London Grammar at Alexandra Palace

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Nottingham’s London Grammar play their biggest headline performance to date. As vocalist Hanna Reid’s voice echoes with a recorded message in the cavernous venue, detailing how every one of us has been lonely in our life, at one time or another, the band emerge, while dramatic strings play in the background. 

Reid, like her band members, is on full form, as she takes the stage on bass guitar for the first titular single taken from their latest record, Californian Soil, with Dan Rothman on lead rhythm guitar and Dominic Major on the drums. Through most of the set, Reid and co are recorded on screen, amid stunning visuals. Hit single Hey Now, from platinum selling debut If You Wait, is ethereal and beautiful in its simplicity, Reid’s vocals delicate and intoxicating. With Lord It’s a Feeling, the singer’s profile is emblazoned in white on the back screen; it’s a highlight with its emotional chorus, the audience feeling the words and singing along.

The first single from Californian Soil sees the trio revel in an incredible electronic outro on I Need the Night, clear proof London Grammar can turn up the heat on their live performances. The amped-up vibes continue with How Does It Feel, a melancholic but paradoxical feel-good romper, and one that pumps up the fans; this is London Grammar on dance territory, and it’s fitting, accompanied by gorgeous multi-coloured lighting and visuals akin to an Apple advertisement. Following in a similar vein, Baby It’s You gets the crowd clapping, the energy rising with every track. The band traverse to a quieter mode with Big Picture and Hell to the Liars, both featured on their second album, Truth Is a Beautiful Thing. Reid sits on the edge of the stage, slow ripples of water reflected on screen, the song recalling a unified Pollock painting.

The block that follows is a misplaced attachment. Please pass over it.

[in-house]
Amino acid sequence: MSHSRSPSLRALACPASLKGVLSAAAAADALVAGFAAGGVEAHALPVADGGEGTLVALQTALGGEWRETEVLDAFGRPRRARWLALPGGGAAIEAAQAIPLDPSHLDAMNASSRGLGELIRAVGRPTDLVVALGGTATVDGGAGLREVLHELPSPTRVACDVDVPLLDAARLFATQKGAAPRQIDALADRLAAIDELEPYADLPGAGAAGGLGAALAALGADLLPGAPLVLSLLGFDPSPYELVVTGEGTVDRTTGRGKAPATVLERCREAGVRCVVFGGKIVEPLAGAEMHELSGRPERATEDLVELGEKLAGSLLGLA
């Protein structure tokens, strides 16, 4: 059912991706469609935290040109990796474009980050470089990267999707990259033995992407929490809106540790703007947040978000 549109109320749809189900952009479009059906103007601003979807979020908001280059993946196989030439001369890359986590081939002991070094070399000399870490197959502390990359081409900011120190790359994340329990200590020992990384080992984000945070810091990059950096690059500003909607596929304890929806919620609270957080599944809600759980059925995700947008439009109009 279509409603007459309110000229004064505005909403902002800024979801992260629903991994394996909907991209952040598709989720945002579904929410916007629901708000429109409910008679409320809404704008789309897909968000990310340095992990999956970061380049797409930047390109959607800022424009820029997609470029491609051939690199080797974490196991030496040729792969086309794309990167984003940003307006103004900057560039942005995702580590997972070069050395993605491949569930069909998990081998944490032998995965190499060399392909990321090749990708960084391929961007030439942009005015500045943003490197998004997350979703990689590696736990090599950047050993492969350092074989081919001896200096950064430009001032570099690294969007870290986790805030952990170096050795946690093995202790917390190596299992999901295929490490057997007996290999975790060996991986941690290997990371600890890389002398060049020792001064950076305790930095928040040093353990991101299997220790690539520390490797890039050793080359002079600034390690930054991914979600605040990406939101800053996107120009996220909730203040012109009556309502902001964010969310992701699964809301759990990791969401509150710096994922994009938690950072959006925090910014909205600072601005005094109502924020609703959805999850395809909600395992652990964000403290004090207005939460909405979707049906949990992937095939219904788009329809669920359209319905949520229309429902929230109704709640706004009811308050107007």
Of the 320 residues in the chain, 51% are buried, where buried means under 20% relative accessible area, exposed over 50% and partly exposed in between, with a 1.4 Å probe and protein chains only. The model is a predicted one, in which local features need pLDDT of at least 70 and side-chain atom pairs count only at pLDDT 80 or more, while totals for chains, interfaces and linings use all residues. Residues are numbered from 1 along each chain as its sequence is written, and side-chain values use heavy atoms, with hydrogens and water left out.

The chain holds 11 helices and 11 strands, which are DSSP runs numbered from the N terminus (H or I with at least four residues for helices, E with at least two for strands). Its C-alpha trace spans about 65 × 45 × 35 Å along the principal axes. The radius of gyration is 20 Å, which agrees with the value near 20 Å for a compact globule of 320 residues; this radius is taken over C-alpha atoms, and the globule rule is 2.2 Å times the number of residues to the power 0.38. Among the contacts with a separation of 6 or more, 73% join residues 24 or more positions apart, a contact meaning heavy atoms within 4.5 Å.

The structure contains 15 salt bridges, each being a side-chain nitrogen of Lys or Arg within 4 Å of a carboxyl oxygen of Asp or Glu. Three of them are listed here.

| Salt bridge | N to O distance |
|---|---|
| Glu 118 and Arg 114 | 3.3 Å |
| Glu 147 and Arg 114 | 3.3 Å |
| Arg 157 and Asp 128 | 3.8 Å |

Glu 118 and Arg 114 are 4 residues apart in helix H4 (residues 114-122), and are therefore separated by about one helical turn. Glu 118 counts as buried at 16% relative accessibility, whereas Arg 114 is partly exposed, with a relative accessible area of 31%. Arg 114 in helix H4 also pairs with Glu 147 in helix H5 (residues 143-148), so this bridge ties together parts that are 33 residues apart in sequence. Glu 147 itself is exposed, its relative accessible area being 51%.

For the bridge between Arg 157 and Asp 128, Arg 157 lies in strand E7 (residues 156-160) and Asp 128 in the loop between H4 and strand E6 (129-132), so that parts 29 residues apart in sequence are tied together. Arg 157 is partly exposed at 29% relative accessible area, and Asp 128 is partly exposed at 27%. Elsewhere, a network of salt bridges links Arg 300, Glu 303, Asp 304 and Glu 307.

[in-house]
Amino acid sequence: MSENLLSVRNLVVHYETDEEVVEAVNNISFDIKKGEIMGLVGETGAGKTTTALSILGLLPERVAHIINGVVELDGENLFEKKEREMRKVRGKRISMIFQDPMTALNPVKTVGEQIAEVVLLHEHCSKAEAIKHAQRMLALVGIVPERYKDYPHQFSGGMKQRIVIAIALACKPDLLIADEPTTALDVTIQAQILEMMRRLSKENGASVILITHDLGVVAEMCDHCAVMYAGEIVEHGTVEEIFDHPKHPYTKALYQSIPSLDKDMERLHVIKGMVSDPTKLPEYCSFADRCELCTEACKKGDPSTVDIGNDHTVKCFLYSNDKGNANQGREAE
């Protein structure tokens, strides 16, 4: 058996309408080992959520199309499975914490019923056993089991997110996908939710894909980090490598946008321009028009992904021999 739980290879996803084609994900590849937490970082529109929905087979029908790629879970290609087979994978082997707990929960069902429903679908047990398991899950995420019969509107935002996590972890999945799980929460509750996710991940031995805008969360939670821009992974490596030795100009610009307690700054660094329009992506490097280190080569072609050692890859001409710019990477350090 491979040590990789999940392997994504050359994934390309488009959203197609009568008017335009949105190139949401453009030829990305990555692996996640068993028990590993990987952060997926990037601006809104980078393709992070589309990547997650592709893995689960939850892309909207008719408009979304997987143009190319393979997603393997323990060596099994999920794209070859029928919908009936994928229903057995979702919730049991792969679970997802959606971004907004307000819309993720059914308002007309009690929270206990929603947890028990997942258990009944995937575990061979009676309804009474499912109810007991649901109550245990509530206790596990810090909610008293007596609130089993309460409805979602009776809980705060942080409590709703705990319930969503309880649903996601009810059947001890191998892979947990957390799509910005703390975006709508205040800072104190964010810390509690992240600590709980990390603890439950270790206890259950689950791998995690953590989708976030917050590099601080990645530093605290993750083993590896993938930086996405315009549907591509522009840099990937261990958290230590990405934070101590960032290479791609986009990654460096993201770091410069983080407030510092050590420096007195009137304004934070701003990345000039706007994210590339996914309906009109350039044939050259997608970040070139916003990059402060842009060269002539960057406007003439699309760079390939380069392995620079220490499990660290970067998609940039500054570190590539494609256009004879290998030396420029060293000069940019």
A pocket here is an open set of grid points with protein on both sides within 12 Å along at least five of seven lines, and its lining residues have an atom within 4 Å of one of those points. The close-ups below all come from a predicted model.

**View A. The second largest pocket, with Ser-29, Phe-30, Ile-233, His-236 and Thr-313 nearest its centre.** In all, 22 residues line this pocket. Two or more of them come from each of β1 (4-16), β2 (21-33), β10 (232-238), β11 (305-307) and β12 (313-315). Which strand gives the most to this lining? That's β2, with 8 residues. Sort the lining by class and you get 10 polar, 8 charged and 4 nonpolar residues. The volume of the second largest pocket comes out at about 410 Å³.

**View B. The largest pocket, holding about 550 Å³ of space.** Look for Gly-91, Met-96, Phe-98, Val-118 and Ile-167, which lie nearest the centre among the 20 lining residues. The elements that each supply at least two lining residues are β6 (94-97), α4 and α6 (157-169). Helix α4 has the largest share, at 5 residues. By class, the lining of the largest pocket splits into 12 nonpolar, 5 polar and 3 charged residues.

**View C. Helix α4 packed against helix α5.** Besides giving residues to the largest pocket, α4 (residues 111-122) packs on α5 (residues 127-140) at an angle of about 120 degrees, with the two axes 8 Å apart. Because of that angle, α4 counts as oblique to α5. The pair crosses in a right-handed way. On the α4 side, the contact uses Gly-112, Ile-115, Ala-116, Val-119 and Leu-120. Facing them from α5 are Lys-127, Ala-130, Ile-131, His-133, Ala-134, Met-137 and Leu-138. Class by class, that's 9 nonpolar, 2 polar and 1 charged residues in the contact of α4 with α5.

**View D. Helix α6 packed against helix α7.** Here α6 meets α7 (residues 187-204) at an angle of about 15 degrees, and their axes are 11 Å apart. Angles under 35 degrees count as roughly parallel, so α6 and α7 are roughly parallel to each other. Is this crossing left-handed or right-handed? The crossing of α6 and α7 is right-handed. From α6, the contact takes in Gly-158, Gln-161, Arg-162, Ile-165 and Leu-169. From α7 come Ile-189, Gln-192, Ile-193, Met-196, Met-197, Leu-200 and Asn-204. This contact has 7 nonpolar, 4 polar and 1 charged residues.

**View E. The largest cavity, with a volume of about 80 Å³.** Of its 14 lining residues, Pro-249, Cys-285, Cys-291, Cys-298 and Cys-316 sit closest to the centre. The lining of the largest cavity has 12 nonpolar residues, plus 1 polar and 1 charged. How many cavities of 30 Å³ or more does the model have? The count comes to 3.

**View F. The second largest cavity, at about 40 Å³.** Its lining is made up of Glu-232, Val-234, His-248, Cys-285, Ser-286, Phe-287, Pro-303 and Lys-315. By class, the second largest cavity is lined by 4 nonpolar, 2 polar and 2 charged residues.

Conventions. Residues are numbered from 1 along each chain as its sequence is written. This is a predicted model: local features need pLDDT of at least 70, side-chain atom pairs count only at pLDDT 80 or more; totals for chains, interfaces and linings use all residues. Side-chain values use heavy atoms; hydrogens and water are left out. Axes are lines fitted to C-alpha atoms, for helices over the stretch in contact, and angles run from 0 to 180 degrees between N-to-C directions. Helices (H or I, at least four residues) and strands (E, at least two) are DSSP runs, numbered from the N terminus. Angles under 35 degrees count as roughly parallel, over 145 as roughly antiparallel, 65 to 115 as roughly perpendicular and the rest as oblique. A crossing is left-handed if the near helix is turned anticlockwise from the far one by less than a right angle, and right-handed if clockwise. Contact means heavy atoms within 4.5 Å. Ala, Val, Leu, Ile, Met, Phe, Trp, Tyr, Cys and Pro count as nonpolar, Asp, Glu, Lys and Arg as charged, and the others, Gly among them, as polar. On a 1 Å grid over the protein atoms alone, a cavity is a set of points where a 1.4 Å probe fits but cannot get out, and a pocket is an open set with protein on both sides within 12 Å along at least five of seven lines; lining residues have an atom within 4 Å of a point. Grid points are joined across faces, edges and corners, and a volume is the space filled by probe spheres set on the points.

The depth in Wasting My Young Years is kept alive, and the same can be said of the goosebump-inducing Metal and Dust, though for some reason the band decide to play a much shorter version. This is a theme that could describe the rest of the night’s set, which is much too brief. 

The group take the good vibes even farther up a notch, and end with a rave that includes Bones of a Ribbon, and one of the best laser light shows seen in a gig, ending on a high with the CamelPhat remix of Lose Your Head – just what the audience needed. If only it was a little longer. 

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